My latest long-form article, in the November issue of American Prospect, concerns the dilemmas of newborn genetic screening, focusing on a condition called fragile X syndrome.
Fragile X is the most common heritable form of intellectual disability. Many individuals with fragile X syndrome are also diagnosed with autism and related symptoms. Especially if you've never heard of fragile X. I really hope that you read this piece.
Fragile X is reasonably complicated. And these complications really matter for both clinical interventions and for public policy. Fragile X therefore exemplifies broader dilemmas we will increasingly confront within our health care system.
As in the case of sickle cell, supposed "carriers" face characteristic health concerns. People with the same genetic markers display very different impairments and symptoms -- including no apparent symptoms at all. Partly because of this variation, fragile X is often overlooked or misdiagnosed.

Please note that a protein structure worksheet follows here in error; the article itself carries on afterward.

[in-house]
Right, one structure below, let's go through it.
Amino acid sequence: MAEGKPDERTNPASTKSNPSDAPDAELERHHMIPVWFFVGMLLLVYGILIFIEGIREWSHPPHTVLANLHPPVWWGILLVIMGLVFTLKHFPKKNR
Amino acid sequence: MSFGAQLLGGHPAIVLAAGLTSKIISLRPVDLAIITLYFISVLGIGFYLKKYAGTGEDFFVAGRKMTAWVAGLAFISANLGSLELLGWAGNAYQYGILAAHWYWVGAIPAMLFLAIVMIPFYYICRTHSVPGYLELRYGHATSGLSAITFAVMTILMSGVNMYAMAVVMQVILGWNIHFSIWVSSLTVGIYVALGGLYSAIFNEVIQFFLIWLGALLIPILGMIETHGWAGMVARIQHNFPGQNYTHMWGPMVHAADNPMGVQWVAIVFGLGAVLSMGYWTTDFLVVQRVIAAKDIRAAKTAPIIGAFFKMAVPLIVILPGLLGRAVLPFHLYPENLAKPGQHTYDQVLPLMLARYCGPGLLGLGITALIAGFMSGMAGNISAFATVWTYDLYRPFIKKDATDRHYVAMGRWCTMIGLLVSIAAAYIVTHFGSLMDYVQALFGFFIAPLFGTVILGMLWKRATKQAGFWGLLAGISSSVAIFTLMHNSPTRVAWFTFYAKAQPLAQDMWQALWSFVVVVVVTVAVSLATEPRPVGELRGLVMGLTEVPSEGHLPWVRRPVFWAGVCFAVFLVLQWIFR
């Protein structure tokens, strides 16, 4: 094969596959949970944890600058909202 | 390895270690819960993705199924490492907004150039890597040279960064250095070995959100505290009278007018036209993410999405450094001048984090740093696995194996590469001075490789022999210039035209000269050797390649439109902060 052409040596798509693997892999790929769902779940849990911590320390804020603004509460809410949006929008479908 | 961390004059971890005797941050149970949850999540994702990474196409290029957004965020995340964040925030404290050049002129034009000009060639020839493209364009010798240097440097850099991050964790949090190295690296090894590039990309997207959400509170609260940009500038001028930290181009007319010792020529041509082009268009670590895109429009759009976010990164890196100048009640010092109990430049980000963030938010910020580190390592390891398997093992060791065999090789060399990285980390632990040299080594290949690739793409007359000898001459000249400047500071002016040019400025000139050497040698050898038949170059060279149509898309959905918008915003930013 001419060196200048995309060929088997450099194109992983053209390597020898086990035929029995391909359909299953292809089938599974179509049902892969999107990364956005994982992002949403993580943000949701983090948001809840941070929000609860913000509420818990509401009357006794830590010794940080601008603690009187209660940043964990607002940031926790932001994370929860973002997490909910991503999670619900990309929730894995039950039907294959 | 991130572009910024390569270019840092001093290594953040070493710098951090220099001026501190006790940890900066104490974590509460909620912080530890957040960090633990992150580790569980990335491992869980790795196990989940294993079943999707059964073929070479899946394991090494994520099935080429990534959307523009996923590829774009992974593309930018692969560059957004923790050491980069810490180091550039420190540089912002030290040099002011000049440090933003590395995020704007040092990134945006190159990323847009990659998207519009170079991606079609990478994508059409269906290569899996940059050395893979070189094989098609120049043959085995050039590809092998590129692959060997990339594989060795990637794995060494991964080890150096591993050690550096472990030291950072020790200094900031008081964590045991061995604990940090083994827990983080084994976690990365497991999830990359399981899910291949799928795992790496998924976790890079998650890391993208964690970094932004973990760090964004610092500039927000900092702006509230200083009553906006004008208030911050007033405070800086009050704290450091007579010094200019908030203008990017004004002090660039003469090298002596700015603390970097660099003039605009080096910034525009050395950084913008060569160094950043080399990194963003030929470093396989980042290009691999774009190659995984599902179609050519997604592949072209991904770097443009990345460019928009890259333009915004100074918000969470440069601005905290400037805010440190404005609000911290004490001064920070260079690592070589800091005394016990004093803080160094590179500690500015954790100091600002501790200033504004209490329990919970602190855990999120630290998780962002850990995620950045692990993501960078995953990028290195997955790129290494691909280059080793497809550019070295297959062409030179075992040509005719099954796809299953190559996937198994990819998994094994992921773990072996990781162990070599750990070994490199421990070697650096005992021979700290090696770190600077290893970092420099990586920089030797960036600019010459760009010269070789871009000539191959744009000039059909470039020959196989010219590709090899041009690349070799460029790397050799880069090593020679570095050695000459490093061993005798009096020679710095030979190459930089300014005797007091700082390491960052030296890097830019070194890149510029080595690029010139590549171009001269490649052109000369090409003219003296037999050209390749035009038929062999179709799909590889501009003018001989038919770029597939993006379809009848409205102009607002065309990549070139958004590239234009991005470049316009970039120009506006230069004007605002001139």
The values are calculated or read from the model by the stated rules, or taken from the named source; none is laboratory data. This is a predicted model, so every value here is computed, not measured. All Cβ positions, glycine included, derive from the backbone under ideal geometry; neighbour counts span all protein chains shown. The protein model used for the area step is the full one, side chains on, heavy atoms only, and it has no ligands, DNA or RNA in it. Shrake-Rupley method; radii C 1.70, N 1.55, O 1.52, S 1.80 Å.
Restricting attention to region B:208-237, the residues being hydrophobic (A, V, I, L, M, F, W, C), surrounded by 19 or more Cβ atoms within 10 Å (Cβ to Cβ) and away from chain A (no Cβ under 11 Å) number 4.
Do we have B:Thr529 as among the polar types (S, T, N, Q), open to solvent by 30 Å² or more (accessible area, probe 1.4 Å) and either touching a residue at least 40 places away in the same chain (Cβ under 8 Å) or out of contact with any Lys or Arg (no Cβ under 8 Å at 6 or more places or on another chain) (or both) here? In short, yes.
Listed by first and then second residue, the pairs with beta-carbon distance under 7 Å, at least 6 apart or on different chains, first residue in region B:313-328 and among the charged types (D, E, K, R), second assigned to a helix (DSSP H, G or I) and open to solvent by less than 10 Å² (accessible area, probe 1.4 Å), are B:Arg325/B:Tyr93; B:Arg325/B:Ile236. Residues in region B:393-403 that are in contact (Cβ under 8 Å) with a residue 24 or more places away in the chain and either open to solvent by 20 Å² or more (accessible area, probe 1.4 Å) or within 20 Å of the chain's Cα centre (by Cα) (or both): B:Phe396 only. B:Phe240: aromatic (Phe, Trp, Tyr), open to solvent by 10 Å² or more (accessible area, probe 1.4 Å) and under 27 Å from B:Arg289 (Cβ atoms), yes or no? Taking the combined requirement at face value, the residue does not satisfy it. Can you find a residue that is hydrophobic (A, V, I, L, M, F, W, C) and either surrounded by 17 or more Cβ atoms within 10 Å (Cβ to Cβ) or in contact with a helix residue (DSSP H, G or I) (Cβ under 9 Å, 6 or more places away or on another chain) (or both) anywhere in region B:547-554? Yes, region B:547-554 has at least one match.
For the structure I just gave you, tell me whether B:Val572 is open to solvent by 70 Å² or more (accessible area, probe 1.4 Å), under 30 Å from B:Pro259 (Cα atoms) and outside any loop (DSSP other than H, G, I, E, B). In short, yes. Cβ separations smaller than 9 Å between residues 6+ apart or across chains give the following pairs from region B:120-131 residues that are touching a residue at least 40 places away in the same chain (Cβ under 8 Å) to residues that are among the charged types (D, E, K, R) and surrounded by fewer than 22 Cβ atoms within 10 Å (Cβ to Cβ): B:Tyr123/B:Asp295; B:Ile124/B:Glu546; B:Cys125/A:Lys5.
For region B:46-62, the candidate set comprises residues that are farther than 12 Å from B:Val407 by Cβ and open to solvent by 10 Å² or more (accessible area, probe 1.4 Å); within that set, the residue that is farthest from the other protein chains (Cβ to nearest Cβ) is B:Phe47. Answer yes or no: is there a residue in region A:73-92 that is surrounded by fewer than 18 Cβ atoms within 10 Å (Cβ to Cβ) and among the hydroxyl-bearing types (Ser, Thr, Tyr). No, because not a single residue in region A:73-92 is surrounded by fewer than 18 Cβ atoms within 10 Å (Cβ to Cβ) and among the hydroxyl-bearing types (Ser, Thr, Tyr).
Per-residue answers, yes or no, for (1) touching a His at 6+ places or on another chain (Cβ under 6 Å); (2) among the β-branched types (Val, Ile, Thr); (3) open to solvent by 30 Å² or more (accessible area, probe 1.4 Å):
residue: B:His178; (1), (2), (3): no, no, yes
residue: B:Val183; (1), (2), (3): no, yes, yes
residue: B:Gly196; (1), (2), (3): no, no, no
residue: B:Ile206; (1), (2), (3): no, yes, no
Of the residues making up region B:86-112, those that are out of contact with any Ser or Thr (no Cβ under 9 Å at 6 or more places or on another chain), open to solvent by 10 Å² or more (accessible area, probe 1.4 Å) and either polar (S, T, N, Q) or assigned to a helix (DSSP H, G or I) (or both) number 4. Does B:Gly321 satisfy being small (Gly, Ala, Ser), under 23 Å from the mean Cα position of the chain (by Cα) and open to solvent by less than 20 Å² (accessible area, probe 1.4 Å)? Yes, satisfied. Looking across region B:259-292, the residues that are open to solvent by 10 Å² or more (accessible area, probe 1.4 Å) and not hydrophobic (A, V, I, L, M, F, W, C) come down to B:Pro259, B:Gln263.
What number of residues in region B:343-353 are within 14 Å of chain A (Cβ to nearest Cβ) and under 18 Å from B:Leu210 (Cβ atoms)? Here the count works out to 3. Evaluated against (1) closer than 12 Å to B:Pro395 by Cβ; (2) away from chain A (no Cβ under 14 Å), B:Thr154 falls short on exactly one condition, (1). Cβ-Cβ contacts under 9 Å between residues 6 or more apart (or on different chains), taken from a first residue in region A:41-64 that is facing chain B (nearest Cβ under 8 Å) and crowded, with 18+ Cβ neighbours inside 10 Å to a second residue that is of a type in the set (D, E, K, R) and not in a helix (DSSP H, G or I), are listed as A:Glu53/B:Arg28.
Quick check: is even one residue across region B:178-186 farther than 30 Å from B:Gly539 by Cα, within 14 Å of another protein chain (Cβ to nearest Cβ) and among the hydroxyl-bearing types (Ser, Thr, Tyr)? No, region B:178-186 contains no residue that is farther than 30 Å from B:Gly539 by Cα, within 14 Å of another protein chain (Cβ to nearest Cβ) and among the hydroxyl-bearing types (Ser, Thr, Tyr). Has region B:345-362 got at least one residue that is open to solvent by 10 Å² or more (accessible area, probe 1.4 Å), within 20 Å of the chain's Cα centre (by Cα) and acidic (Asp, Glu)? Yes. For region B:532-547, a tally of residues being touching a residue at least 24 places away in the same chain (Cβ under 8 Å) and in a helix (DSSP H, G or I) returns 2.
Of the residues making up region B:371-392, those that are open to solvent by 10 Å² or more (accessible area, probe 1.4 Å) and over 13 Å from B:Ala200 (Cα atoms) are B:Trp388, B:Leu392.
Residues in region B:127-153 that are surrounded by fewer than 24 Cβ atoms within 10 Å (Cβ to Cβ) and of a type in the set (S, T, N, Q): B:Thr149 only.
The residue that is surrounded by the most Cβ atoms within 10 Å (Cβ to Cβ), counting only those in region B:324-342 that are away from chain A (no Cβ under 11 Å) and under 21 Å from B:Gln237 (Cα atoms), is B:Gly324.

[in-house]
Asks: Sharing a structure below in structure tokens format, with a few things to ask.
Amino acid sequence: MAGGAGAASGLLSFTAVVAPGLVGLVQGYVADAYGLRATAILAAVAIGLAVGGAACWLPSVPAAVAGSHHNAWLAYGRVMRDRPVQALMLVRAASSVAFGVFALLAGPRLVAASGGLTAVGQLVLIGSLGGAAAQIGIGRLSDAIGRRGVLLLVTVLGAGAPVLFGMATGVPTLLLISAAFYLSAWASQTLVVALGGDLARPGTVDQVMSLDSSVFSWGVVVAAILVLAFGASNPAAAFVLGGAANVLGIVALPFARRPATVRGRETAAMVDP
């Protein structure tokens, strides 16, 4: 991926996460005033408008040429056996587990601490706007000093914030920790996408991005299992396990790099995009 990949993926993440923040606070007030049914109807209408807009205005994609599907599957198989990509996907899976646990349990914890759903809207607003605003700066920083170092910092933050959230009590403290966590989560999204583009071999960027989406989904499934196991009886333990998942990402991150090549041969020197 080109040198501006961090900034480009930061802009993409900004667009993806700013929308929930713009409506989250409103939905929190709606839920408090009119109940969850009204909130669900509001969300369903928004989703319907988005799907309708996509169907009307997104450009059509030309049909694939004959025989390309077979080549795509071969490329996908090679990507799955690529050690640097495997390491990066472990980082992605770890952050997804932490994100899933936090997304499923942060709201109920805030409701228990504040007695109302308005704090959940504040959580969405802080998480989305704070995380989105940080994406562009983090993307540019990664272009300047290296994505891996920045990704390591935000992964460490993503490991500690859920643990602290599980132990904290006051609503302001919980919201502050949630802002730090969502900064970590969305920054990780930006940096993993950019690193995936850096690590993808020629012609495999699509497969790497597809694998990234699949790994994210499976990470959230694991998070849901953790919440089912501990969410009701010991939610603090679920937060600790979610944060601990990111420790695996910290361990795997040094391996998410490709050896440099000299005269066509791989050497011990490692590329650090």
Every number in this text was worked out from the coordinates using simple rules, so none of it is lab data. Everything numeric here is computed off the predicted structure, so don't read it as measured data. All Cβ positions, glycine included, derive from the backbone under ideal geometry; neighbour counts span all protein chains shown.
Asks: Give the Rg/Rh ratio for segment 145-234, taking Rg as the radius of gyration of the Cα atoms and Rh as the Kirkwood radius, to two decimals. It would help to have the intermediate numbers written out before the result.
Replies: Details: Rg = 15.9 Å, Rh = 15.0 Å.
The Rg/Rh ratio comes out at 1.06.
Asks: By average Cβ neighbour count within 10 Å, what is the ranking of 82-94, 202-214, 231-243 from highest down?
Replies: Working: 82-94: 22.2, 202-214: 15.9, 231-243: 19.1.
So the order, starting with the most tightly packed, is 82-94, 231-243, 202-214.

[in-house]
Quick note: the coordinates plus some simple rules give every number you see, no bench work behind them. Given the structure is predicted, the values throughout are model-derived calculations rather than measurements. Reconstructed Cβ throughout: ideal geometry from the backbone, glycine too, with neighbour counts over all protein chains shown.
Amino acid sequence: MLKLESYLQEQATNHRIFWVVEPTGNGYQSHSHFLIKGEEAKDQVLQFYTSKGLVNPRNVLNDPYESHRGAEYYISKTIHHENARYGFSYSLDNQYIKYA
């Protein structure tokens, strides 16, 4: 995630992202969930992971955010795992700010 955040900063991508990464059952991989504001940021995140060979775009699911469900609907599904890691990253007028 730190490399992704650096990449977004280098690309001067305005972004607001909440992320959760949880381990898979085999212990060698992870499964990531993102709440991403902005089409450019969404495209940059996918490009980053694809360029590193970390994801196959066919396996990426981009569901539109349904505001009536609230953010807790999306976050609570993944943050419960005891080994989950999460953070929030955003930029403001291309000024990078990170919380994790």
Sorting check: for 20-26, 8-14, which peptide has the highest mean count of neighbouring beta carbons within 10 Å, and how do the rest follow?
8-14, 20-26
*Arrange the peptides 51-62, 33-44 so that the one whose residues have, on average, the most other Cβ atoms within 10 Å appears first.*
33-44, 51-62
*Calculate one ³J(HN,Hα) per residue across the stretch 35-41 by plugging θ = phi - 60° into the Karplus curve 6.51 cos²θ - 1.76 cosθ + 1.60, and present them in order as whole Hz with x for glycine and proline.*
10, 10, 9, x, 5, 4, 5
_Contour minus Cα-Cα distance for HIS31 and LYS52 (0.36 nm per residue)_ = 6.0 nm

Many parents spend years chasing down false leads before proper diagnosis is made. They also have other children before proper diagnosis is made. Many people with fragile X-related conditions are diagnosed through the diagnosis of a younger sibling. Newborn screening might prevent this "diagnostic odyssey," but aggressive screening brings other problems and economic challenges, too.
Fragile X highlights the embarrassing mismatch between our medical care system's aspirations of personalized genomic medicine and that system's limited everyday capacities to actually use such information well.
We continue to pump money into research and advanced treatments for conditions influenced by detectable genetic traits. That's good, but we don't support the everyday patient and provider experiences of genetic screening and care with equal vigor. Because of this imbalance, advances in genetic science continually raise questions that our medical care system is ill-equipped to address. We need to do better.